Supply list:

    • 4 Bulb t5 Grow Light Fixture (x2 at $75)
    • GrowSun 6” 400 CFM Indoor Grow Exhaust Kit, Carbon Filter, Fan, Time, Ducting ($120)
    • TopoGrow 630W CMH Grow Light Kit, 120v Fixture w/ 2 3100k Bulbs ($320)
    • AcuRite Hydrometer and Thermometer (x2 at $12)
    • VivoSun 6” 240CFM Inline Duct Booster Fan (x2 at $21)
    • Lorell 6” Clip-On Fan (x4 at $17)
    • Century 7 Day Heavy Duty Programmable Digital Timer, Dual Outlet (x2 at $13)
    • TopoGrow 2-in-1 60”X48”X80” Dual Room Indoor Grow Tent ($188)

    Total cost: $938

    The “Standard Grow” is designed to be a fully comprehensive cannabis cultivation and propagation system, offering an all-inclusive perpetual grow space packed into a 4×5’ build. For just under $1,000, you get a 3-chambered, 3-light tent with a full air filtration system, automation and metering included.

    This build allows growers to cultivate at multiple stages in the plant’s life cycle as well as provide housing for multiple propagation projects.

    The 4×4’ main tent is powered by a 630w CMH light and the 1×4’ two-tiered tent extension is built out with two 4-bulb t5 fluorescent light fixtures. Complete with four fans, two dual outlet timers, and adjustable intake/exhaust components, this 80” tent supports even the most ambitious of grows.

    Build notes:

    2 hours

  • Hardware recommendations: Duct tape, heavy-duty zip ties
  • Total power outlets required: 10 (two 5-outlet grounded adaptors recommended)
  • Where to assemble: Room or garage
  • Recommended plant count: 4 to 12 (flowering)
  • Components:

    • Tent: The shining star of this build is the TopoGrow 2-in-1 60”x48”x80” dual-room indoor grow tent. The main chamber is 4’x4’x6.6” with an attached 1’x4’x6.6” two-tiered chamber. A wire frame separates the two chambers, allowing for two separate propagation rooms. The main and second chambers of the tent are divided by a velcro applied detachable, double-ended mylar fabric barrier.
    • Light: This system contains three separate light fixtures. The main room is outfitted with a 120v 630w CMH fixture with double 3100k bulbs, while the two-tiered chamber contains a pair of 12”x48” t5 fluorescent light bulb fixtures (4-bulb) stacked vertically. With this build, the main chamber may be used for both late vegetative and flowering cycles while the side chambers make for fantastic germination and cloning areas for young vegetative plants.
    • Filtration: The main chamber of the tent comes with a complete air filtration system. The intake is one 6” inline duct booster fan fastened at the bottom of the tent. A second 6” booster fan removes hot air from the top of the tent and sits just left of the CMH fixture. For exhaust, a 400CFM kit from GrowSun is used. The kit contains a 6” carbon filter, heavy-duty duct exhaust fan (with a speed controller), as well as 6” aluminum ducting. This system may either be fastened to the top back end of the tent via heavy-duty zip ties and duct tape or placed on the ground in the back right corner of the tent. Each set-up allows for exhaust ducting to leave the same top port. The main room receives two 6” clip-on fans, one set up to canopy height and the second fastened to a top support beam directing air towards the light fixture and 6” exhaust fan. The two-tiered side chamber gets a 6” clip-on fan for each room.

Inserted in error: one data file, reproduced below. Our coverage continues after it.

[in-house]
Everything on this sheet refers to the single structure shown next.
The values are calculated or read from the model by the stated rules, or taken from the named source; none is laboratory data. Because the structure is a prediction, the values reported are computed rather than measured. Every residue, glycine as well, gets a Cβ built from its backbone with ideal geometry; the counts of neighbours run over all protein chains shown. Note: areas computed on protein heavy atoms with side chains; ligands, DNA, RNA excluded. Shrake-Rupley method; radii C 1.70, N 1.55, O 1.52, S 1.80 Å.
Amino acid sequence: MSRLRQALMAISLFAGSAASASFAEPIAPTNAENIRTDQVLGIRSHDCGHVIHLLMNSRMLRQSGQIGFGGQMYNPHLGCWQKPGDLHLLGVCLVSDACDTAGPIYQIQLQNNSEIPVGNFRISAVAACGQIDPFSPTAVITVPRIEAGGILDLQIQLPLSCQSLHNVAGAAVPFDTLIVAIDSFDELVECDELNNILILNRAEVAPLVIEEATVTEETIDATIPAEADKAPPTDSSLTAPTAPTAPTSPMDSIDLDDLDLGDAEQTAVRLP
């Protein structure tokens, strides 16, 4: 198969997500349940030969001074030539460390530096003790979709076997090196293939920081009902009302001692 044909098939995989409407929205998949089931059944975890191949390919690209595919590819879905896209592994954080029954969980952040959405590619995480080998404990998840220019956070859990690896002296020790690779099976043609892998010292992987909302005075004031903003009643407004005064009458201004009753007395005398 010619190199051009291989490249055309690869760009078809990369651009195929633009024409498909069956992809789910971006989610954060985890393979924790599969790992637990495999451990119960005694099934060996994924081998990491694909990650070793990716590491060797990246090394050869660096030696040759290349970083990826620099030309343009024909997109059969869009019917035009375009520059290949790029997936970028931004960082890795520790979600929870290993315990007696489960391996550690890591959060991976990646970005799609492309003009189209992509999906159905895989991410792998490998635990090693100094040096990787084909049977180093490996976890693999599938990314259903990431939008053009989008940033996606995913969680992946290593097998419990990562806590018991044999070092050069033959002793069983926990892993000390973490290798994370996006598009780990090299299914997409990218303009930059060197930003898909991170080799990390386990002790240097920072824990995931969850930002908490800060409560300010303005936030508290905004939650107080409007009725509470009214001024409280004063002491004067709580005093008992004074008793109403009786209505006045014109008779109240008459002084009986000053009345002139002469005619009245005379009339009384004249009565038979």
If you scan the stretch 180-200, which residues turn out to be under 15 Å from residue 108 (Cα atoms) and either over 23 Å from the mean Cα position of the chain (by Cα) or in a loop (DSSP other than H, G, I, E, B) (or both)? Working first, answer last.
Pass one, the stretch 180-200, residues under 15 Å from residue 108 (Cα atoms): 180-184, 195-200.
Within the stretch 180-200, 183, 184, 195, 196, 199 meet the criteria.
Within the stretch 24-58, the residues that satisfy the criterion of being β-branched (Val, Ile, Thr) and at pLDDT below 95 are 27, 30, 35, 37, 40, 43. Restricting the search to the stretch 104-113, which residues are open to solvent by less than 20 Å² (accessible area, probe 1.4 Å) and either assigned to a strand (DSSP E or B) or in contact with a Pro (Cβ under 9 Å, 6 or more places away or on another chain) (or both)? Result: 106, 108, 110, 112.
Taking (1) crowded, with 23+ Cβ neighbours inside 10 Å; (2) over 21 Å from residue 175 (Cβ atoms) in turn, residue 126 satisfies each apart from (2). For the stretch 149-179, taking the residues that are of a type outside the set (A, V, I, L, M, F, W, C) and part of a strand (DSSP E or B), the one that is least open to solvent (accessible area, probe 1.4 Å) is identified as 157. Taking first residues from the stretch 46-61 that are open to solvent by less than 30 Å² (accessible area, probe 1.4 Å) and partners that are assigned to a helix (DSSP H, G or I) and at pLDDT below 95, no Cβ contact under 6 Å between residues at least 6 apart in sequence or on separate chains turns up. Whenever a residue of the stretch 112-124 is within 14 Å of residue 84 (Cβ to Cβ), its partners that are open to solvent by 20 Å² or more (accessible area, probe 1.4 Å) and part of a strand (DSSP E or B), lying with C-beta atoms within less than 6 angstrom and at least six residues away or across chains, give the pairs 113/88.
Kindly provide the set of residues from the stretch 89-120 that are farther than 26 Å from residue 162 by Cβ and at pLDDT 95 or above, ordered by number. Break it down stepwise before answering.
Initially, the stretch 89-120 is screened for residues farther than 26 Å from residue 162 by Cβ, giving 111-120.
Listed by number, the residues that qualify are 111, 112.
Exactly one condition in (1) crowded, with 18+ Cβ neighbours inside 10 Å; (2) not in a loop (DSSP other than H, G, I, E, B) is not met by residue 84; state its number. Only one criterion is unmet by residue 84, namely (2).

• Automation: Two Dual Outlet Century 7 digital timers are used in this build. One controls the light and exhaust fan in the main chamber and the other controls the two fluorescent lights on the side.
    • Climate metering: Each chamber receives one Acurite hydrometer/thermometer for climate metering.
    • Filtration setup: For the main room, fasten the first 6” booster fan to the bottom-left port of the tent with zip ties and duct tape, directing air inward. The second booster fan should be fastened in the same way on the top-left side of the tent above the first. This fan will direct air out of the tent.

    The 6” exhaust kit may either be fastened on the top of the left tent or on the bottom-right, each option directing air through the carbon filter and out of the top port. This room receives two 6” clip-on fans—the first will be fastened to the top-right support beam of the tent to help move warm air towards the exhaust. The second fan can be placed on the back-left corner to follow the canopy as it rises.

    For the second room, a 6” clip-on fan is fastened to the back-left support beam of each tier to direct airflow throughout each small chamber.

    Author’s notes:

    • All prices are factored in pre-tax/pre-shipping fees.
    • Pricing and availability are subject to change.